This brief summary has been provided so that the nature of the disclosure may be understood quickly. A more complete understanding of the disclosure can be obtained by reference to the following detailed description of the preferred embodiments thereof concerning the attached drawings.
The foregoing features and other features of the present disclosure will now be described with reference to the drawings of the various embodiments. In the drawings, the same components have the same reference numerals. The illustrated embodiments are intended to illustrate, but not to limit the disclosure. The drawings include the following Figures:
The following definitions are provided as they are typically (but not exclusively) used in the Fibre Channel environment, implementing the various adaptive aspects of the present disclosure
“Fibre Channel ANSI Standard”: The standard (incorporated herein by reference in its entirety) describes the physical interface, transmission and signaling protocol of a high performance serial link for support of other high level protocols associated with IPI, SCSI, IP, ATM and others.
“Fabric”: The structure or organization of a group of switches, target and host devices (NL_Port, N_ports etc.).
“FIFO”: A first in first out buffer structure used for storing information.
“Port”: A general reference to N. Sub.--Port or F.Sub.--Port.
“Switch”: A fabric element conforming to the Fibre Channel Switch standards.
“Tag”: A collection of information that identifies a unique data frame.
To facilitate an understanding of the various embodiments, the general architecture and operation of a network system/network switch is described. The specific architecture and operation of the preferred embodiment will then be described with reference to the general architecture.
Storage area networking systems may use standard or proprietary protocols, or a combination of protocols for enabling communication, for example, Fibre Channel, Infiniband (“IB”), Ethernet, Fibre Channel Over Ethernet (FCoE) or any other standard. These standards are incorporated herein by reference in their entirety. The following examples are based on Fibre Channel standards; however the adaptive aspects described herein are not limited to any particular standard or protocol.
Fibre Channel is a set of American National Standard Institute (ANSI) standards, which provide a serial transmission protocol for storage and network protocols such as HIPPI, SCSI, IF, ATM and others. Fibre Channel provides an input/output interface to meet the requirements of both channel and network users.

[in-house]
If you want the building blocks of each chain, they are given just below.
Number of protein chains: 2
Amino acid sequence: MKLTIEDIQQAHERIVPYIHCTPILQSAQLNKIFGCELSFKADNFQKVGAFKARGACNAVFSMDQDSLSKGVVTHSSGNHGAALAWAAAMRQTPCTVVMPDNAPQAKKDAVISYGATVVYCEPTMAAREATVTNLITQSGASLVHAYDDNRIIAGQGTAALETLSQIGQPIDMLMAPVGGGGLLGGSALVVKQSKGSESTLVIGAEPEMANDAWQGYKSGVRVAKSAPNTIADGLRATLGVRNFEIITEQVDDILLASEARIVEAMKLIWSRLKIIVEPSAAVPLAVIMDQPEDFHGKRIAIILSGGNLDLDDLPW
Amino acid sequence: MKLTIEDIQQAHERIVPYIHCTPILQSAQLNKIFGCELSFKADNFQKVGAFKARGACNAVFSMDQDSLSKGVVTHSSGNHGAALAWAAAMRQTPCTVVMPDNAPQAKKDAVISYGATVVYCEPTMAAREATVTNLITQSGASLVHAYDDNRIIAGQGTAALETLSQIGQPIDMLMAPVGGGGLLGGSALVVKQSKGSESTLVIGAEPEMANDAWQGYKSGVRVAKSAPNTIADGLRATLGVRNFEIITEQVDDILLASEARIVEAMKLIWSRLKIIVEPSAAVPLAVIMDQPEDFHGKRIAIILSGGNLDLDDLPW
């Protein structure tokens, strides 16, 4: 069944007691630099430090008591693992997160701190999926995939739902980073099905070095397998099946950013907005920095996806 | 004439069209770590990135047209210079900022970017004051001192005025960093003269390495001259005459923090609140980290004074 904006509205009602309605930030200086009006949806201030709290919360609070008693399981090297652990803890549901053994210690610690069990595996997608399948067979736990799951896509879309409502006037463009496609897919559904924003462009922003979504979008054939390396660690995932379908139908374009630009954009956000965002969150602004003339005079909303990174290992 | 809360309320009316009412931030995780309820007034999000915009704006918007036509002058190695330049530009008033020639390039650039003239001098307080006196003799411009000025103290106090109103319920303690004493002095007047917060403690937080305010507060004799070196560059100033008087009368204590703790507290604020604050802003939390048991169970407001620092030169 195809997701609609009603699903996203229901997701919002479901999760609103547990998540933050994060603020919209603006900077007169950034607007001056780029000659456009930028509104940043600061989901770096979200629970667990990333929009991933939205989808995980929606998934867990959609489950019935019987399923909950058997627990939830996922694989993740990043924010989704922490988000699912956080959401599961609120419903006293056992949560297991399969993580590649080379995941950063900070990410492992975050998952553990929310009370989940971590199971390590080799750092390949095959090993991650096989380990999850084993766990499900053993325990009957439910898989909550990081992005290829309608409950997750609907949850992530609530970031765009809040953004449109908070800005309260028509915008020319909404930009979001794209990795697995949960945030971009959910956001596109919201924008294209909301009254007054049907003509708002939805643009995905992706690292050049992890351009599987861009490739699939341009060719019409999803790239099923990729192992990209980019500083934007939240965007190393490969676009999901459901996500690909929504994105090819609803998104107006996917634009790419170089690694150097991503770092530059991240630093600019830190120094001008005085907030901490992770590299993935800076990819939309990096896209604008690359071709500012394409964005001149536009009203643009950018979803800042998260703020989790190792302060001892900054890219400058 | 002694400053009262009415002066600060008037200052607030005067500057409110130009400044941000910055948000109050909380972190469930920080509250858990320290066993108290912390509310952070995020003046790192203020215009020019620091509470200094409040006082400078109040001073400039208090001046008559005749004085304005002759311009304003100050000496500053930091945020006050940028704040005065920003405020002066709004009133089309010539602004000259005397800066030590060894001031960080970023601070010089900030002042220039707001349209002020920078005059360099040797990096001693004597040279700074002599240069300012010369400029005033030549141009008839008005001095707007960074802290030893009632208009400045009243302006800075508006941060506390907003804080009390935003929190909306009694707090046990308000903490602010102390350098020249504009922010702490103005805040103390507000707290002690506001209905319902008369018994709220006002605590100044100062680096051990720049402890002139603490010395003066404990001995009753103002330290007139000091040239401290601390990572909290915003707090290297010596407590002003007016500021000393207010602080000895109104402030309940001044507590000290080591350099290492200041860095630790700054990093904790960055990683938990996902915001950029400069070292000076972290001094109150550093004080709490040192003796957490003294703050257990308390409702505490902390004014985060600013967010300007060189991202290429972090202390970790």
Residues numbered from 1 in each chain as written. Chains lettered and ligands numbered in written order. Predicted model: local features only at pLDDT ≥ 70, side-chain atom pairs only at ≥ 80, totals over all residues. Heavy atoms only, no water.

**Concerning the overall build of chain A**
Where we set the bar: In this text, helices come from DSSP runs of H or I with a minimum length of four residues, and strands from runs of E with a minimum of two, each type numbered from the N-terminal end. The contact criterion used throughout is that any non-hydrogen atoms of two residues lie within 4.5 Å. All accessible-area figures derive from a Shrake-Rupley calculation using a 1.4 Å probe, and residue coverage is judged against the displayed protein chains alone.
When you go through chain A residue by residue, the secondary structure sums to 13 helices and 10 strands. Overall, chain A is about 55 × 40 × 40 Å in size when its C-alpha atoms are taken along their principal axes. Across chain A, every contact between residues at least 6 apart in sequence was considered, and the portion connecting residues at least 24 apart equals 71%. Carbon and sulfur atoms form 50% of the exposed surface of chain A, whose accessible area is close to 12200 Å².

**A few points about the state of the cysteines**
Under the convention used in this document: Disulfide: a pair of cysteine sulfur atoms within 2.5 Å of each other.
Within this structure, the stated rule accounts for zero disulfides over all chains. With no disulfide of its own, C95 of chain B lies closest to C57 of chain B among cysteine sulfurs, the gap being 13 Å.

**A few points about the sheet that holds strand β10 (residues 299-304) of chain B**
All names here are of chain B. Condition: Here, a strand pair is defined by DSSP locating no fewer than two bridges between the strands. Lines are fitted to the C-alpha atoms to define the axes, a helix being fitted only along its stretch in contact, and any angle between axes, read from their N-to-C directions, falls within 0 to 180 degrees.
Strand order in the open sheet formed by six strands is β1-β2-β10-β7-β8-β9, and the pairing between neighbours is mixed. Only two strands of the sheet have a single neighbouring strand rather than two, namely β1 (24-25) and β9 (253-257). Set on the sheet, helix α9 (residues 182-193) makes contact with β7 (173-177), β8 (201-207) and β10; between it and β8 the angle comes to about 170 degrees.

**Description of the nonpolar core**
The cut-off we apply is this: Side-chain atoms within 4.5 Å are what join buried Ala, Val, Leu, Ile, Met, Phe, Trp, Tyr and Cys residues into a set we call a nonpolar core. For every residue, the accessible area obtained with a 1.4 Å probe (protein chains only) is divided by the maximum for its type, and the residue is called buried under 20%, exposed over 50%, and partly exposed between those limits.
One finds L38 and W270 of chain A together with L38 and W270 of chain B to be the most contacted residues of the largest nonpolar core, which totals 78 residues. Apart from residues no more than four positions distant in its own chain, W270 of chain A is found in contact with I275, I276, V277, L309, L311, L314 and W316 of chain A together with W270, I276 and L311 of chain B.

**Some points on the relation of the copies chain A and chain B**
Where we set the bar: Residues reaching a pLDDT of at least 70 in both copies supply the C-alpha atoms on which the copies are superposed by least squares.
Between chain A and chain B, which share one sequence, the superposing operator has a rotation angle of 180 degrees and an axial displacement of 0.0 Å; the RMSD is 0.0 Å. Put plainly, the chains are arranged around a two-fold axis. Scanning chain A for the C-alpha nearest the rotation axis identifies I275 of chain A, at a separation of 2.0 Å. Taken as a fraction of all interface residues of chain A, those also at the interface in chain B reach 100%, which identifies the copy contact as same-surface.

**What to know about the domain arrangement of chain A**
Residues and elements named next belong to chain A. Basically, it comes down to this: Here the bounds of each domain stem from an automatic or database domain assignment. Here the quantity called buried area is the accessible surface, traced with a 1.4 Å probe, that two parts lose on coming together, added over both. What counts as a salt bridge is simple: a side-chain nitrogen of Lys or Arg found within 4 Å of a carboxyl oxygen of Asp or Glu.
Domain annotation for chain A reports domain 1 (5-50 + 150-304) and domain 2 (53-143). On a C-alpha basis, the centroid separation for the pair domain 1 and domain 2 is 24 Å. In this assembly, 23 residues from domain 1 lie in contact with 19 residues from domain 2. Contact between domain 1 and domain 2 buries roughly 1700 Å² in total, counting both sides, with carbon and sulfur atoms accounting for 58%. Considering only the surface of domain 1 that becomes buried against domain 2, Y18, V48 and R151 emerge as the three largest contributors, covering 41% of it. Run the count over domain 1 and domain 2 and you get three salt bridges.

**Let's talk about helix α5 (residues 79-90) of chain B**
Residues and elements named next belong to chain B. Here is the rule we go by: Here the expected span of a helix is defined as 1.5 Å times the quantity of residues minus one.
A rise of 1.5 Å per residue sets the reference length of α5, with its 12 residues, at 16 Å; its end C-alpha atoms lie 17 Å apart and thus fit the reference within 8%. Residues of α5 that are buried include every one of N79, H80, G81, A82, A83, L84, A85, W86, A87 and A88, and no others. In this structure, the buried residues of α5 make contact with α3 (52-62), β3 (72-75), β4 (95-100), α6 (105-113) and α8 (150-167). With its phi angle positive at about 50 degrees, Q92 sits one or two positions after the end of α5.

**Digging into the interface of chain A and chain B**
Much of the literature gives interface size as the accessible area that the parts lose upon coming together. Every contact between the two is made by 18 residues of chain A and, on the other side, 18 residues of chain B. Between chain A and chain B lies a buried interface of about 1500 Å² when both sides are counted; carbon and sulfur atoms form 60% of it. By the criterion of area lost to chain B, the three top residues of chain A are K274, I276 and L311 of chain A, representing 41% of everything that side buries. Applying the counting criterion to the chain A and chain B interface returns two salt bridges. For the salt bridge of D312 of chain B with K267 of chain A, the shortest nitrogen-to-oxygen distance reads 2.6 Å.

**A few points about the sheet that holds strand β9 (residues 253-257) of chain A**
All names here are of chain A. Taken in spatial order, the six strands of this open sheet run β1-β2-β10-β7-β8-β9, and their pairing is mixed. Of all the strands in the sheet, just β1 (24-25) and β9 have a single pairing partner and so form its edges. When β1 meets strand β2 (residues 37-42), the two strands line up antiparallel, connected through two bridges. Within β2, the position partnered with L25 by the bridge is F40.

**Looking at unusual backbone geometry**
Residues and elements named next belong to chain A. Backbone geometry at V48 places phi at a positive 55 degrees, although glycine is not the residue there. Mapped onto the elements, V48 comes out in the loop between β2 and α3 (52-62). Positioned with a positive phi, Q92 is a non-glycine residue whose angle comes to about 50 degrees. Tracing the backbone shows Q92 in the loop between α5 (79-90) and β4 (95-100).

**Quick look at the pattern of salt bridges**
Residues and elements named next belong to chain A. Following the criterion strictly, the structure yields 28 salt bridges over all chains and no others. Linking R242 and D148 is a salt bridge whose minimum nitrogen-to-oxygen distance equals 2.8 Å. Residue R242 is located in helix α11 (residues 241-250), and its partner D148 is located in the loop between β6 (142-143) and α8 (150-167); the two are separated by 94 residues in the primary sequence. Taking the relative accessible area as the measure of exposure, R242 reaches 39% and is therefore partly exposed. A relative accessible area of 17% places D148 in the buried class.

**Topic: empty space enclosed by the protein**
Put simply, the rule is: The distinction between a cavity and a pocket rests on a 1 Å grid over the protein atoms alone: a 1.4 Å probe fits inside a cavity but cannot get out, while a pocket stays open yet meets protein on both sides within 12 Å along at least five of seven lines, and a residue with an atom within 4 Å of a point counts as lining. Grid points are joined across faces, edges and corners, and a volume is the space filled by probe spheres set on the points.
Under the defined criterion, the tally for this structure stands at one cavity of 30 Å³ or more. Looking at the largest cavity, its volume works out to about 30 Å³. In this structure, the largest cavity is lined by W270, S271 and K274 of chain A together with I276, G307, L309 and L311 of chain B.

Fibre Channel supports three different topologies: point-to-point, arbitrated loop and Fibre Channel fabric. The point-to-point topology attaches two devices directly. The arbitrated loop topology attaches devices in a loop. The Fibre Channel fabric topology attaches host systems directly to a fabric, which are then connected to multiple devices. The Fibre Channel fabric topology allows several media types to be interconnected.
Fibre Channel fabric devices include a node port or “N_Port” that manages fabric connections. The N_port establishes a connection to a fabric element (e.g., a switch) having a fabric port or “F_port”. Fabric devices may also support expansion ports (E_Ports) between switching elements.
A Fibre Channel switch is a multi-port device where each port manages a point-to-point connection between itself and its attached system. Each port can be attached to a server, peripheral, I/O (input/output) subsystem, bridge, hub, router, or even another switch. A switch receives messages from one port and routes it to another port.
System 100 includes plural devices that are interconnected. Each device includes one or more ports, classified as for example, node ports (N_Ports), fabric ports (F_Ports), and expansion ports (E_Ports) Node ports may be located in a node device, e.g. server 103, disk array 105 and storage device 104. Fabric ports are located in fabric devices such as switch 101 and 102. Arbitrated loop 106 may be operationally coupled to switch 101 using arbitrated loop ports (FL_Ports).
The devices of
The Fabric element of the present disclosure is presently implemented as a single CMOS ASIC, and for this reason the term “Fabric element” and ASIC are used interchangeably to refer to the preferred embodiments in this specification. Although
ASIC 120 has 20 ports numbered in